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in itself

Without the consideration of anything else. (A shortening of the full phrase "in and of itself.") The defendant's story seems plausible in itself, but when taken alongside the testimony of the witnesses, it starts to look less and less believable. As a sequel, the movie does an good job of continuing the story of the first, but it fails as a cohesive, enjoyable film in itself.
See also: itself

a house divided against itself cannot stand

If a group's members are in perpetual disagreement, the group will eventually cease to exist. The phrase is derived from a verse in the Bible (Mark 3:25) and was popularized in an 1858 speech by Abraham Lincoln. The candidate urged the members of his political party to unite because he understood that a house divided against itself cannot stand.

an end in itself

Something that is its own entity with no greater purpose. My parents think that studying literature is an end in itself and will never lead to a career.
See also: end, itself

blow itself out

[for a storm or a tantrum] to lose strength and stop; to subside. (Fixed order.) The storm blew itself out. Eventually, the hurricane blew itself out.
See also: blow, itself, out

by itself

with the help of nothing else; without the addition of anything else. Will this food be enough by itself for all of us? Can the dog get out of the house by itself?
See also: itself

*an end in itself

existing for its own sake; existing for no clear purpose. (*Typically: be ~; become ~.) For Bob, art is an end in itself. He doesn't hope to make any money from it. Learning is an end in itself. Knowledge does not have to have a practical application.
See also: end, itself

History repeats itself.

Prov. The same kinds of events seem to happen over and over. It seems that history is about to repeat itself for that poor country; it is about to be invaded again. Alan: The country is headed for an economic depression. Jane: How do you know? Alan: History repeats itself. The conditions now are just like the conditions before the last major depression.
See also: history, itself, repeat

A house divided against itself cannot stand.

Prov. If the members of a group fight each other, the group will disintegrate. (Often the group under discussion is a family.) The leader of the newly formed union tried hard to reconcile the different factions within his organization, because he knew that a house divided against itself cannot stand.

in and of itself

considering it alone. The idea in and of itself is not bad, but the side issues introduce many difficulties. Her action, in and of itself, caused us no problem.
See also: and, itself, of

lend oneself or itself to something

Fig. [for someone or something] to be adaptable to something; [for someone or something] to be useful for something. This room doesn't lend itself to bright colors. John doesn't lend himself to casual conversation. I don't think that this gown lends itself to outdoor occasions.
See also: itself, lend

*shadow of oneself

 and *a shadow of itself; *a shadow of one's former self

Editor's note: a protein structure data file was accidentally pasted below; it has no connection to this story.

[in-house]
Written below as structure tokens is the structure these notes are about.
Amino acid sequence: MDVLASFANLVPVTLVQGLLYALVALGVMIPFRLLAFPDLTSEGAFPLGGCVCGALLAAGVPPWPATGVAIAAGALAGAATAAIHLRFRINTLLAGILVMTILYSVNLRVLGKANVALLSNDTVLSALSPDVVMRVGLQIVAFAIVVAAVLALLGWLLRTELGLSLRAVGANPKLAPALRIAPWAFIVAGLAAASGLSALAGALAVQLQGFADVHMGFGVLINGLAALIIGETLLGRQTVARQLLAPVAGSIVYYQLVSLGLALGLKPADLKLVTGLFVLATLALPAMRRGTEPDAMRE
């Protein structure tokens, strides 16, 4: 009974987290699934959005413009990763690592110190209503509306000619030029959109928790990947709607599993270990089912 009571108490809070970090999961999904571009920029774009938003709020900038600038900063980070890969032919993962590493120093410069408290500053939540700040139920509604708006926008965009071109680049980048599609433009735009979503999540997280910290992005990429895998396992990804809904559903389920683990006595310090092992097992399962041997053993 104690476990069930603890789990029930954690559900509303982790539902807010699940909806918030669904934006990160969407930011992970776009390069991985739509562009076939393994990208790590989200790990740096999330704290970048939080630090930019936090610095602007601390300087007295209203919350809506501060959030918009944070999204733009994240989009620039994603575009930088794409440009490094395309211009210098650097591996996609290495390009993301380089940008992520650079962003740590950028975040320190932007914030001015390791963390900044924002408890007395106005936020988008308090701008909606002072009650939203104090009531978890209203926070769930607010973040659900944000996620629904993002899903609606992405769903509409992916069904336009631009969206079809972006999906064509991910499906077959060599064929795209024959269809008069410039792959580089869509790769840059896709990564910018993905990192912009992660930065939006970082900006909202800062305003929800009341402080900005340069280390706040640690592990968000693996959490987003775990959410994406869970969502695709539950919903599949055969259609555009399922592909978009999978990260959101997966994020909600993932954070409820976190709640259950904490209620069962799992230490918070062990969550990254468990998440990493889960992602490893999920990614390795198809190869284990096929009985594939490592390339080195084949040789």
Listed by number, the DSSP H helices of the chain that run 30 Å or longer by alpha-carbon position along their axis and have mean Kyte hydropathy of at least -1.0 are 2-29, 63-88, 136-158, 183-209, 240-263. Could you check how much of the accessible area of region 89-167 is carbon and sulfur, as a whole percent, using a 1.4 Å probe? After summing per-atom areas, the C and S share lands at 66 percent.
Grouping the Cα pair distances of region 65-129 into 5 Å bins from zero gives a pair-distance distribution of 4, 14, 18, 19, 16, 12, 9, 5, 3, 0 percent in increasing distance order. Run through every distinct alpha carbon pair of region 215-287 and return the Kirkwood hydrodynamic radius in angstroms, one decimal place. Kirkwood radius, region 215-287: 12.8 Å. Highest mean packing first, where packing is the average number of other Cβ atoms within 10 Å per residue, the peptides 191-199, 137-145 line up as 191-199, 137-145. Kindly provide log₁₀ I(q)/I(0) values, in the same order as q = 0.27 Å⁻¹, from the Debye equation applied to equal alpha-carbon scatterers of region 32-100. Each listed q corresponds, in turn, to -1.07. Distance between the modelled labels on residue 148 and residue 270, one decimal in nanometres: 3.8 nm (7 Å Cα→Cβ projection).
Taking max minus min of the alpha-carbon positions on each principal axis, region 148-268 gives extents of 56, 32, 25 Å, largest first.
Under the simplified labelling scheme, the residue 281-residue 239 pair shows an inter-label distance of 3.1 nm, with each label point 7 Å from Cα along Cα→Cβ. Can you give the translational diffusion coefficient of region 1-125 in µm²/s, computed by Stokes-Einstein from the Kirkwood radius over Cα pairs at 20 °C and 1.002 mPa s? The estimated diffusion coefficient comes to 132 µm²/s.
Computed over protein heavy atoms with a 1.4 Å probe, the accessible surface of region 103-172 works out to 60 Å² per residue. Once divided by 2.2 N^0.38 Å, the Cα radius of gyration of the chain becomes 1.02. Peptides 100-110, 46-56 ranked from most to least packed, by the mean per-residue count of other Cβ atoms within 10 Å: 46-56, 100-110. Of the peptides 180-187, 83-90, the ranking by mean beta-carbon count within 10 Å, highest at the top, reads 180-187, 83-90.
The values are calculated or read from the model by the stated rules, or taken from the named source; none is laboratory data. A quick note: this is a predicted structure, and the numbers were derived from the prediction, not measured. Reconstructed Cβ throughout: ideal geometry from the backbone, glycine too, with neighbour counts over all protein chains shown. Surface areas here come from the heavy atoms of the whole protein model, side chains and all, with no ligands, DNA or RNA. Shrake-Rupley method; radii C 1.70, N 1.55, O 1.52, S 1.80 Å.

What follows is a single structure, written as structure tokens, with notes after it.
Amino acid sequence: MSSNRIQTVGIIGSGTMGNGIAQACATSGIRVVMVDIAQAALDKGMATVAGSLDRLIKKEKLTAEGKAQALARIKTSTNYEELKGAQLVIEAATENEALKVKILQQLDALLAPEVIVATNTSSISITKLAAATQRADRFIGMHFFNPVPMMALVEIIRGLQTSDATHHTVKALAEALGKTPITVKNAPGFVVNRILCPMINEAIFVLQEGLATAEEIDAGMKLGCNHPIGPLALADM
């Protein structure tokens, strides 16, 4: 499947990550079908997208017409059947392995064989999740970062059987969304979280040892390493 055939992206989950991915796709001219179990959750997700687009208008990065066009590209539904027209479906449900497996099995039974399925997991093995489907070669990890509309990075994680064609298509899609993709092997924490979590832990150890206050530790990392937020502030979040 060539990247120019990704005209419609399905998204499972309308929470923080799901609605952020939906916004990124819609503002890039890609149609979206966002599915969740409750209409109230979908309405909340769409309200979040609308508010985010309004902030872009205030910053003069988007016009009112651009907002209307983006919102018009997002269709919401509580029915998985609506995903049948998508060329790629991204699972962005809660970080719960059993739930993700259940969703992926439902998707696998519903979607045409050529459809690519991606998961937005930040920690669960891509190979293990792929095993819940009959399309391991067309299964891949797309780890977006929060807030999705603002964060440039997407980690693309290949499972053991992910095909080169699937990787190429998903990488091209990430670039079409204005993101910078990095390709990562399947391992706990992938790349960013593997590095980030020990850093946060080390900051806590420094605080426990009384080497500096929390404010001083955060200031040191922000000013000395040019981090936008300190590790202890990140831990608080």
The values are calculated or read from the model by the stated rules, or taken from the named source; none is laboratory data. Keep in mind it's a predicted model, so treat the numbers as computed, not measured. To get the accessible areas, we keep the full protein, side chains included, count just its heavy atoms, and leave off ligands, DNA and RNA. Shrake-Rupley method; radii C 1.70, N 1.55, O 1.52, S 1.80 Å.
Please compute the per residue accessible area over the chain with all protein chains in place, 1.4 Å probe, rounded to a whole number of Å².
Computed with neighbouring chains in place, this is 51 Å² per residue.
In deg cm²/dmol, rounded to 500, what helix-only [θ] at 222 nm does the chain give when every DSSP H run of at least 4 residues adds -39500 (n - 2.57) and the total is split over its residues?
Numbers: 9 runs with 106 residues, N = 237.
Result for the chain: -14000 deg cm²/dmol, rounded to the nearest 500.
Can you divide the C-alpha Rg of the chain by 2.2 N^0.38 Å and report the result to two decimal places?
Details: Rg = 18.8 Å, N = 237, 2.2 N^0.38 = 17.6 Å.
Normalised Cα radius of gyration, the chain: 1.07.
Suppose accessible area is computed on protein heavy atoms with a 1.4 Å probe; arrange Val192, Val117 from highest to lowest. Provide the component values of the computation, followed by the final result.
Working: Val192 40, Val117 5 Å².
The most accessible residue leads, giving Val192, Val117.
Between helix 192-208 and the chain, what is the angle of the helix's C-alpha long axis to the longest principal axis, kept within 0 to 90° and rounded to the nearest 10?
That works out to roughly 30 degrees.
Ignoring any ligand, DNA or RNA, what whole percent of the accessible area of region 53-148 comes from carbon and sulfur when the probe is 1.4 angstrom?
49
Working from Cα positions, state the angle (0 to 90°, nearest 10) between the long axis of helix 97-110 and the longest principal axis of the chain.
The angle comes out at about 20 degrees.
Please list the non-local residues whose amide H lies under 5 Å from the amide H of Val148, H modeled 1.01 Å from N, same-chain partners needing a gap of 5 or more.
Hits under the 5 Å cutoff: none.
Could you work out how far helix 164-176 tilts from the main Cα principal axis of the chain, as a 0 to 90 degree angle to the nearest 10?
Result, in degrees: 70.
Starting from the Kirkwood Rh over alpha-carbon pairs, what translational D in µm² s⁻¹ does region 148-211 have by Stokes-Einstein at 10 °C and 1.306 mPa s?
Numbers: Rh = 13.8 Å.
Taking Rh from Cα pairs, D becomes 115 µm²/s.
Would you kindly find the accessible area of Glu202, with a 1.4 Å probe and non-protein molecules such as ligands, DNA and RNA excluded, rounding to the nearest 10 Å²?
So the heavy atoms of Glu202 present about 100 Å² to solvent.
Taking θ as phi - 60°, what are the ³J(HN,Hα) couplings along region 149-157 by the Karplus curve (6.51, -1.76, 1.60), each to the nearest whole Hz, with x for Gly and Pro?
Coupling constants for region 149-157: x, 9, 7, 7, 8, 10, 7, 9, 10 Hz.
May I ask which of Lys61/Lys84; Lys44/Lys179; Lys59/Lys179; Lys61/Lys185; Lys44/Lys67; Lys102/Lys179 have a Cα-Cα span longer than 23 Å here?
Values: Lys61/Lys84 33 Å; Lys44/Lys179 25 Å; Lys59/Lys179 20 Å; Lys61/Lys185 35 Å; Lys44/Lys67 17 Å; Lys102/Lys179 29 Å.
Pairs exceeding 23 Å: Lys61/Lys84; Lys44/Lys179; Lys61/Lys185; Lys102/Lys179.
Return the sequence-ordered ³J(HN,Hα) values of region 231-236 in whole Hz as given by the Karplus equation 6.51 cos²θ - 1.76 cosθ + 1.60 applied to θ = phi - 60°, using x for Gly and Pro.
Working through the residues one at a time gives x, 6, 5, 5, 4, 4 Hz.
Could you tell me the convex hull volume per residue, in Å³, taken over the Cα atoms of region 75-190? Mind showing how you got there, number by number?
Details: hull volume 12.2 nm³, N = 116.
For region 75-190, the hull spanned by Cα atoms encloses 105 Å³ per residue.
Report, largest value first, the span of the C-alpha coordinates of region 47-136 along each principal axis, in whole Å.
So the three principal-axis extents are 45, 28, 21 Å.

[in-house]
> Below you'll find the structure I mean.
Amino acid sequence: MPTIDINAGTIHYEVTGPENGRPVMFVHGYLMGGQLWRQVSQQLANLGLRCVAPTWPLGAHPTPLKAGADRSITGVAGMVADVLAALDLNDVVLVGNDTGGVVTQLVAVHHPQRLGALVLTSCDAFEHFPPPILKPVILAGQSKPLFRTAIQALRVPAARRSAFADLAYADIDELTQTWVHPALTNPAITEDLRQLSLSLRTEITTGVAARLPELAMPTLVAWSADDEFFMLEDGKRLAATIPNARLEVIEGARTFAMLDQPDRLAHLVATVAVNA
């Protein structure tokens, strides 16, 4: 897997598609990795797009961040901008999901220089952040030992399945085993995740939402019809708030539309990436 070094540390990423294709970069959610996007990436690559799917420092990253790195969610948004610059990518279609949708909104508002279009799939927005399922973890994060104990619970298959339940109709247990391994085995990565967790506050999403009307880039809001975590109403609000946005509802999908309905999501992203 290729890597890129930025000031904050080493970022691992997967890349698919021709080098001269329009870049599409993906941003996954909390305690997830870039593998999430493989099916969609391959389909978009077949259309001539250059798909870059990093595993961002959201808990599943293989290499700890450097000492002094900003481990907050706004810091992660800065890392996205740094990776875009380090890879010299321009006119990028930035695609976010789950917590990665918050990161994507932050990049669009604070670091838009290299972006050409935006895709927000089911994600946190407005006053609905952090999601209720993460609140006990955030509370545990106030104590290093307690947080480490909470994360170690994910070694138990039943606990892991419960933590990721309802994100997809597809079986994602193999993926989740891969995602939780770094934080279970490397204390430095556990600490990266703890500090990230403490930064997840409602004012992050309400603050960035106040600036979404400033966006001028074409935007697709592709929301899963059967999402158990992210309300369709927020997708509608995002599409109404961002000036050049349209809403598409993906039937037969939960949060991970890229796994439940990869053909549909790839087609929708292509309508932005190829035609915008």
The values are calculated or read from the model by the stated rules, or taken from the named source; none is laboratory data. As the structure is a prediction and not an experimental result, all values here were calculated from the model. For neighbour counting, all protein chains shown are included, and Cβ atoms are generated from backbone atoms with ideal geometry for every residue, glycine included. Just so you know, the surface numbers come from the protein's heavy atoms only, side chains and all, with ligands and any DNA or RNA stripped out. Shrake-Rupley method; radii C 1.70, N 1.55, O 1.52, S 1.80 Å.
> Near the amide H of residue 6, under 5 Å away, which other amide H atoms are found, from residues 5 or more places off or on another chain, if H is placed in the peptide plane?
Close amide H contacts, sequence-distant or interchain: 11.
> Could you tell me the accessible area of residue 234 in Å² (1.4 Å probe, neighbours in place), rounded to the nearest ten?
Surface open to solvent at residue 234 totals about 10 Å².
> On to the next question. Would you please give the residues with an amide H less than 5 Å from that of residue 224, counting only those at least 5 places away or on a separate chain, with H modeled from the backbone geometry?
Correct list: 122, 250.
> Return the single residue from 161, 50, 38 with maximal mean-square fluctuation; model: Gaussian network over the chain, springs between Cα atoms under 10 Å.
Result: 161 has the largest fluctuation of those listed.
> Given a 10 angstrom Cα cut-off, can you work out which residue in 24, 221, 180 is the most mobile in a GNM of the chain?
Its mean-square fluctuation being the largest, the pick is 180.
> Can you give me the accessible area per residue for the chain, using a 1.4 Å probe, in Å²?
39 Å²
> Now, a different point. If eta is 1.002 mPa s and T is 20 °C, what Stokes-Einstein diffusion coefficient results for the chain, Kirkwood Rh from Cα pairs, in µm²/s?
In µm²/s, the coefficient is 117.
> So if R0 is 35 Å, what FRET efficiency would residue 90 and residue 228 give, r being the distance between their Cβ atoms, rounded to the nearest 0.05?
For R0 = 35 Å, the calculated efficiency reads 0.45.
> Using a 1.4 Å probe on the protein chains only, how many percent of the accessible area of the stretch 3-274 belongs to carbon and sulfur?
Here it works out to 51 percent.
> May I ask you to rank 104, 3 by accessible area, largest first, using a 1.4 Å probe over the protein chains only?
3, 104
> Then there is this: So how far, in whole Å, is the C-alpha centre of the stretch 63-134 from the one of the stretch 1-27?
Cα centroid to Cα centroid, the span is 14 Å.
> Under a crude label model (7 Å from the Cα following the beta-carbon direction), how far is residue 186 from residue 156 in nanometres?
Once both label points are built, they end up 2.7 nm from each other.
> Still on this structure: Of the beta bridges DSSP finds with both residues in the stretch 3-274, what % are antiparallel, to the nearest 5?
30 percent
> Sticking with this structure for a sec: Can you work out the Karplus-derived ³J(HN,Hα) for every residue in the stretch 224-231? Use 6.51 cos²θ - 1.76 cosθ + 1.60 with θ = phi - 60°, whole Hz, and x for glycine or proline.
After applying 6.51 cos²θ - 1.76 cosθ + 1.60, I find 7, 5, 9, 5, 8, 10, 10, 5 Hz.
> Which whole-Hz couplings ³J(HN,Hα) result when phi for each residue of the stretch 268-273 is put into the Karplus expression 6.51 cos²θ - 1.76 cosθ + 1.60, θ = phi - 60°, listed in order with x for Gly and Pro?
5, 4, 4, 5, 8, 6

Fig. someone or something that is not as strong, healthy, full, or lively as before. (*Typically: be ~; become ~.) The sick man was a shadow of his former self. The abandoned mansion was merely a shadow of its old self.
See also: of, shadow

speak for itself

 and speak for themselves
[for something] not to need explaining; to have an obvious meaning. The facts speak for themselves. Tom is guilty. Your results speak for themselves. You need to work harder.
See also: itself, speak

speak for

oneself to speak on one's own behalf. I can speak for myself. I don't need you to speak for me. speak for yourself. What you say does not represent my thinking.
See also: speak

speak for someone or something

1. to testify or argue for someone or something. I would be happy to speak for you in court. Just tell me when. My attorney will speak for our position.
2. to lay claim to someone or something. Fred is spoken for. I want to speak for the red one.
See also: speak

suggest itself to someone

[for an idea] to seem to present itself to someone. A new scheme suggested itself to Alice as she looked at the records of the last attempt. As you read this, does anything suggest itself to you?
See also: itself, suggest

work itself out

[for a problem] to solve itself. Eventually, all the problems worked themselves out without any help from us. This will work itself out. Don't worry.
See also: itself, out, work

an end in itself

(slightly formal)
satisfying no other purpose than the enjoyment of doing it Memorizing facts can become an end in itself and not a way of understanding something.
See also: end, itself

in and of itself

without considering anything else Any step we can take to end the conflict and save lives is important in and of itself.
Usage notes: sometimes used in the form in and of themselves: Lower interest rates in and of themselves don't mean much for stock prices.
See also: and, itself, of

lend itself to something

to be good for a particular use It was surprising how well her book lent itself to being turned into a film.
See also: itself, lend

speak for somebody/something

to express the opinions or wishes of someone I can't speak for my boss on something that is so personal. Tokarczyk believed that her poetry could speak for the nation.
See also: speak

speak for yourself

to say what you really believe or think is true She should tell us what happened – I mean, she's an adult, she can speak for herself.
Usage notes: sometimes used to say you do not agree with what someone else has said: “Without makeup a woman cannot be pretty.” “Speak for yourself. I think she's beautiful with no makeup at all.”
See also: speak

an end in itself